An emphasis on high technology that allows small organizations to asymmetrically attack larger ones -- for example, availability of weapons of mass destruction, tools of electronic warfare or easy access to global media for purposes of propaganda.

Fascinating stuff. I'm reminded of the revolution in warfare brought about by the invention of the "minie" ball around the time of the American Civil War. Military tacticians did not catch up with that sea change until the end of the First World War. And by then there was a whole third dimension to battle that needed to be understood: air power.

What we've seen with "fourth dimensional warfare" is a completely new way for weak opponents to attack and beat strong opponents. I would say this is one of the lessons of Vietnam, and like the "minie" ball revolution, military planners are slow to recognize that the rug has been pulled out from under them. It is especially important that we get a handle on this problem now, because the Cold War is over and we are going to be fighting Hezbollahs and al Qaedas for the forseeable future.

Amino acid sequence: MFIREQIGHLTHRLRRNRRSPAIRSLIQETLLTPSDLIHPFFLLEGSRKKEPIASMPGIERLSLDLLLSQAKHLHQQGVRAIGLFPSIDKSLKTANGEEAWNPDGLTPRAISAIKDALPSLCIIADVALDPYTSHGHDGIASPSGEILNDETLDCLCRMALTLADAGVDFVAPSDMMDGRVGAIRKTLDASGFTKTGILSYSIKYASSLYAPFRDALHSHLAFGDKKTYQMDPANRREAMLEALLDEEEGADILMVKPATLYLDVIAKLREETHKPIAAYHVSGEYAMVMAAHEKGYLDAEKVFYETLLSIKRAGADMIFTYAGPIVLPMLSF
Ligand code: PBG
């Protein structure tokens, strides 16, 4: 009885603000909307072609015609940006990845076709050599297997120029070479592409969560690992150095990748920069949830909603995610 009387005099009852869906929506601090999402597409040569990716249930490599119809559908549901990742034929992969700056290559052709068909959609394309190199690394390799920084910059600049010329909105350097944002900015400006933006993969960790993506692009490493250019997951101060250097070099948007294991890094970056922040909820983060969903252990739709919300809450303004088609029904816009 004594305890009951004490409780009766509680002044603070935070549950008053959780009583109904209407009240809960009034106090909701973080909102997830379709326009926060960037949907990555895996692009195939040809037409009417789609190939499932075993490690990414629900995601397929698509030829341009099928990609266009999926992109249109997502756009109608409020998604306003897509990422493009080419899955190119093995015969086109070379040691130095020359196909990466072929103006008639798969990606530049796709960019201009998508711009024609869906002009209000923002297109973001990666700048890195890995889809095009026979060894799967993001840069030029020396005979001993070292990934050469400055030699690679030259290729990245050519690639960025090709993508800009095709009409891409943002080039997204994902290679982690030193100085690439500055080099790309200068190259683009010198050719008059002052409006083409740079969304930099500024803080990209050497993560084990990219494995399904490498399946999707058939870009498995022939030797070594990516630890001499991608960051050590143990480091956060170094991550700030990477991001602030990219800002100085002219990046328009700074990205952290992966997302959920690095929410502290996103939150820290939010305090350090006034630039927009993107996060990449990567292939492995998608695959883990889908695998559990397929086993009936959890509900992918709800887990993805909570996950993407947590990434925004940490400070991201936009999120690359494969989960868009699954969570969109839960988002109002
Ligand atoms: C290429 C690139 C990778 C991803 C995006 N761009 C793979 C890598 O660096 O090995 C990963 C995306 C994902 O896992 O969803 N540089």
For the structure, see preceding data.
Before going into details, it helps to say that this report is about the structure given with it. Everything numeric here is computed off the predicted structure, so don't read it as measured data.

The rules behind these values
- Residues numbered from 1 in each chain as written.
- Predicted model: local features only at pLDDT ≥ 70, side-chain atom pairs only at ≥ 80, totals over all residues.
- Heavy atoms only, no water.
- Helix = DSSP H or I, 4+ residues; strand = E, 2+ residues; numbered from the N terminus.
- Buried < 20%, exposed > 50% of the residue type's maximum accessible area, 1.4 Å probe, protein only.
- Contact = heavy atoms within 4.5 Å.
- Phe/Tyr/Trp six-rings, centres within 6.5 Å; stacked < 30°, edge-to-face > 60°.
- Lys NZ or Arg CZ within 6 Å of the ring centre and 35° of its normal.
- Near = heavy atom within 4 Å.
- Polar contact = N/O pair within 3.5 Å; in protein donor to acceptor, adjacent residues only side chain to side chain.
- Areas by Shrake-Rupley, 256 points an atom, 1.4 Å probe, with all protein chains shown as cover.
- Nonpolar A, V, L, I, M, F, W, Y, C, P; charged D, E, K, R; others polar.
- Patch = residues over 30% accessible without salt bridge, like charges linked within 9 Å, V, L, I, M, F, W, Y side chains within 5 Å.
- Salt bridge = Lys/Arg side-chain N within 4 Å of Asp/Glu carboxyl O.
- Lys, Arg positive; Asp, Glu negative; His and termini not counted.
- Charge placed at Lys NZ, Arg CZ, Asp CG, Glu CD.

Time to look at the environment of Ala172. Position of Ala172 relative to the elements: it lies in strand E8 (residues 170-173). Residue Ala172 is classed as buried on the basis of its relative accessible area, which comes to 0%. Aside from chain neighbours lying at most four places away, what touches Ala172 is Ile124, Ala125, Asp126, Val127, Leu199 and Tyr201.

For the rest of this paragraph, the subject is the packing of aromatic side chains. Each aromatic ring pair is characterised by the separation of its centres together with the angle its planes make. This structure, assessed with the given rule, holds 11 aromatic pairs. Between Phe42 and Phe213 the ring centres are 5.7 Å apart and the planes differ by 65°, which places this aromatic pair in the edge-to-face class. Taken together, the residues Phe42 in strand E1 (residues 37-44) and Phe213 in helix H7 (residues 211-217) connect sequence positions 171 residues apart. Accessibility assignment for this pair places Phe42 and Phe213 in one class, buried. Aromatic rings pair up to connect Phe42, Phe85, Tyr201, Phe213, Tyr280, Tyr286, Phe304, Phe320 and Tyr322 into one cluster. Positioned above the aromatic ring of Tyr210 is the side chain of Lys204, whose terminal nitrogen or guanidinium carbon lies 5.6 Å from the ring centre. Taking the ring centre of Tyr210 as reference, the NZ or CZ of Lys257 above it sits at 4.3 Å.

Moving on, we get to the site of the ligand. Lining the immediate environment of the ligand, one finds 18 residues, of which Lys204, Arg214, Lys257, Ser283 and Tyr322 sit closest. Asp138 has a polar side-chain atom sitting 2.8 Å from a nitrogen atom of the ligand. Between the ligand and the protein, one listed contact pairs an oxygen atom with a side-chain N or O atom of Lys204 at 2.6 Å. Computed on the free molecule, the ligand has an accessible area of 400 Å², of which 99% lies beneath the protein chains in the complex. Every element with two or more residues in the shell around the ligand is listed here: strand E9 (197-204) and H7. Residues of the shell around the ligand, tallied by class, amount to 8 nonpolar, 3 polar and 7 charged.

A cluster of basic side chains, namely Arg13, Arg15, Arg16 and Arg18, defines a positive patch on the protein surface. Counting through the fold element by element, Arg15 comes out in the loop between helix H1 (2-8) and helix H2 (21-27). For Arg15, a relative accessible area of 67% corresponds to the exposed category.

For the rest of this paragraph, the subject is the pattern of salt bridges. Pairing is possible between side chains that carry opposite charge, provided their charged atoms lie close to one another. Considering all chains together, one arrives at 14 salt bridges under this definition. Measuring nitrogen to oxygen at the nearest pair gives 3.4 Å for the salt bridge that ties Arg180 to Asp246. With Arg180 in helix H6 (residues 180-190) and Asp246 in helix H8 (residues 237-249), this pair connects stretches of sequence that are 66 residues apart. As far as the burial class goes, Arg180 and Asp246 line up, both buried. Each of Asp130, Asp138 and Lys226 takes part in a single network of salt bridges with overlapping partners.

What concerns me is that, in the battle of civilizations called the "War On Terror," the thing that makes us civilized is the thing that makes us weak -- our compassion. When your enemy is uncivilized, and has no concept of compassion, it's hard to win if you're swayed by world opinion.

My thesis is that we cannot win under these new rules. Only a return to the more brutal methods of World War II can beat these non-state actors and their principals (Iran, Syria). But we can't resort to those older methods unless we abandon our aversion to civilian casualties. And I don't see that happening absent a horrific über-9-11 as a catalyst.

Which is why I ended my last post on the subject with that cryptic and ominous final sentence.

h/t Belmont Club

Posted by annika, Aug. 9, 2006 | TrackBack (0)
Rubric: annikapunditry


I was all ready to beotchslap u, until you reached your conclusion. Well done grasshopper. It's gonna be ugly when we take the gloves off, and that day be a'commin.